I told myself last year that I was going to do it this year. Well, this year has come around. And knowing that there are going to be others cheering me on and doing the same thing with me has made me wish to feel the beautiful experience all over again. And if I truly want to be a writer, I can’t wait around to write my novels. I’ve got to do it myself.
“The scariest moment is always just before you start. After that, things can only get better.” — Stephen King, On Writing
I need to get a copy of Steven King’s book. I like him as an author, and he knows what he is talking about in every review I’ve ever seen him write for a book. I just didn’t know I’d be hit this hard with his words, because I think I have found my scariest moment yet.
It’s been awhile since I’ve come to this dusty blog. how have your summer’s been? Mine has been filled with writing with a good writer friend of mine.
But then I ate cookies.
As a child we are not told to be aware of the world around as us fervently as we are at a university or when we’re an adult. When an adult, the world is our oyster. When a child, the world is but your room or your friends or school life, or some small part of the vastness that makes up this world. Looking at some videos I had made when I was younger, I am amazed at how easy it was to be creative back then. I was creating things for me and drawing things not because they were right. I just convinced myself I would fix them later. But then somewhere down the line I got it into my head that I wouldn’t get things fixed later, and so I’ve been stuck in this rut.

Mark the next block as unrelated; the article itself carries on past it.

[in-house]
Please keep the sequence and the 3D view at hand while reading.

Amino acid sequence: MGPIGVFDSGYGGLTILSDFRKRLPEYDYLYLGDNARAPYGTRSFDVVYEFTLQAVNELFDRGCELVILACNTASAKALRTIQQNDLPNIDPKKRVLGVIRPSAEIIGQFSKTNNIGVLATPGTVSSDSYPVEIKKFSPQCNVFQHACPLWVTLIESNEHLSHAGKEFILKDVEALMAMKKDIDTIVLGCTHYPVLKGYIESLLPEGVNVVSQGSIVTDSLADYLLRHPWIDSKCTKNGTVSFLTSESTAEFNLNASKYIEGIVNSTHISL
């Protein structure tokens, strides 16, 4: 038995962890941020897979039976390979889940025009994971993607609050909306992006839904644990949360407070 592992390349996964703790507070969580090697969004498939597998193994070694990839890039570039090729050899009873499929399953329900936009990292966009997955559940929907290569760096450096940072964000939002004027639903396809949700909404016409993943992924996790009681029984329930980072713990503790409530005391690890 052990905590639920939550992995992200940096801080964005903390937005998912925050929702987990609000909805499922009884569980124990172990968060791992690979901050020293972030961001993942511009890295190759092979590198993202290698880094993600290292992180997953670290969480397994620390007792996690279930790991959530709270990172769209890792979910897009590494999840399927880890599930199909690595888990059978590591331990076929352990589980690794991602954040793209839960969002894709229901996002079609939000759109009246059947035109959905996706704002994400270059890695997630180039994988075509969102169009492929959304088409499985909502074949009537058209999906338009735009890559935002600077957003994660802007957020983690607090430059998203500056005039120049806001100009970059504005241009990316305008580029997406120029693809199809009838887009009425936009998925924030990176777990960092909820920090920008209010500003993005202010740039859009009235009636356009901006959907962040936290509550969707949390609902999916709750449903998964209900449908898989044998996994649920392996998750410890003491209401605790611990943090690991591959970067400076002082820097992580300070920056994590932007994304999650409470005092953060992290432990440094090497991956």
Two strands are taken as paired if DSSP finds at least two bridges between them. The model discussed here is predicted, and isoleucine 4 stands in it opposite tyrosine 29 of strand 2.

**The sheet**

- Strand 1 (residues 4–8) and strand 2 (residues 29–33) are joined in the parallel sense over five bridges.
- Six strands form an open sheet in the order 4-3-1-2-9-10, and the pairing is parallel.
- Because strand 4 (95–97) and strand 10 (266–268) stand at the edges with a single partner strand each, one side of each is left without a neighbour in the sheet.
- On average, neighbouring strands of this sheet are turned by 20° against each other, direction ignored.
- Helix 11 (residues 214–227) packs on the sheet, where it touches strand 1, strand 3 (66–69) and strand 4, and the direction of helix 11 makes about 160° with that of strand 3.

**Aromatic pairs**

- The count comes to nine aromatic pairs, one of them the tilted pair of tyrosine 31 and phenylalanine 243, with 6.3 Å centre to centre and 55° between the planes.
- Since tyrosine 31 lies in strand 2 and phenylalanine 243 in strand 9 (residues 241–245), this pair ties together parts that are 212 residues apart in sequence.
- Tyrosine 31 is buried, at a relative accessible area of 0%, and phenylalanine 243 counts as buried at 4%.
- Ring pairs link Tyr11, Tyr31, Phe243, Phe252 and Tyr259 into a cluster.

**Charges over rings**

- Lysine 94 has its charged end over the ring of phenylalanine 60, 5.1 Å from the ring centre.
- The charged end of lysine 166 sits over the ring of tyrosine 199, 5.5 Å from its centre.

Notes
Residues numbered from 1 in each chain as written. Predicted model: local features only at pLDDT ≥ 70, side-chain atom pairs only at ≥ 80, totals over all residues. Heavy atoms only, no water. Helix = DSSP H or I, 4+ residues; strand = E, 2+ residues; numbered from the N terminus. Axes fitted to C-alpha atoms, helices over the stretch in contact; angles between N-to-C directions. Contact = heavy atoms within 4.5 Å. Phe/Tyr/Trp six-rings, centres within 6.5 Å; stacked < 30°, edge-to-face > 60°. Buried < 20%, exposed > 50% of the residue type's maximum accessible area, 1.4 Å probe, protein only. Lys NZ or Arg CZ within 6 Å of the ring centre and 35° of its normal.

The rut is called trying to fit into the mold of being an adult as defined by American heritage: to discard childish things, to think practically, to think logically.
Yet the very things we demand as adults—ingenuity, creativity, enthusiasm—are the things we’re supposed to throw away.
How does that make sense?
It doesn’t. Only creating to create makes sense. Letting the criticism come later will be the only way to move forward.
Ever since I was little, I never quite understood why my mom and dad loved to record my piano recitals and other performances on video tape. Having been in my third showcase for an extracurricular last night, I think I see why on both sides.
This performance was markedly different form my others. Instead of singing a slow, dramatic song from a musical, I went with a fast-paced Japanese pop-song that I translated to English. I danced across the stage, encouraged audience participation, and did things totally at random that I wouldn’t normally do in real life. As my mother put it, I even gave the audience a tiny flash of the shorts beneath my dress as I sang that I might get “cute and naughty” in the lyrics I had crafted for the occasion. I had transformed on that stage from a cute, quiet girl with a powerful voice, to a sassy, flirtatious, and boisterous entertainer that encouraged the audience to clap. I got much applause that night, but most importantly, I proved to my fellow club members that I was capable of having a good time and acting silly on stage. Plus this was also a time for me to test my theory: if using my nerves to move would make me feel better.
Needless to say it did, but I don’t think I’ll be watching my performance again and again. I’ve lived through that moment. I don’t need to remember it again.
But my friends would definitely want to watch it and my parents. Because to them, watching a video of my is like when I watch a TV show I haven’t seen in a long time from my childhood or read a book I thoroughly enjoy. I’m not a part of it directly, but I’m in love with the material presented and it’s execution. That’ll be the same for those who read my books and poems eventually.
And yes, there were times when I viewed old videos of when I was ten years younger, but that’s because I’d forgotten them. I’ll probably look at these videos ten years or some years later and look back on them, but I’m not that kind of girl that can turn around things pretty quickly. It takes awhile before my spontaneity meter to strike.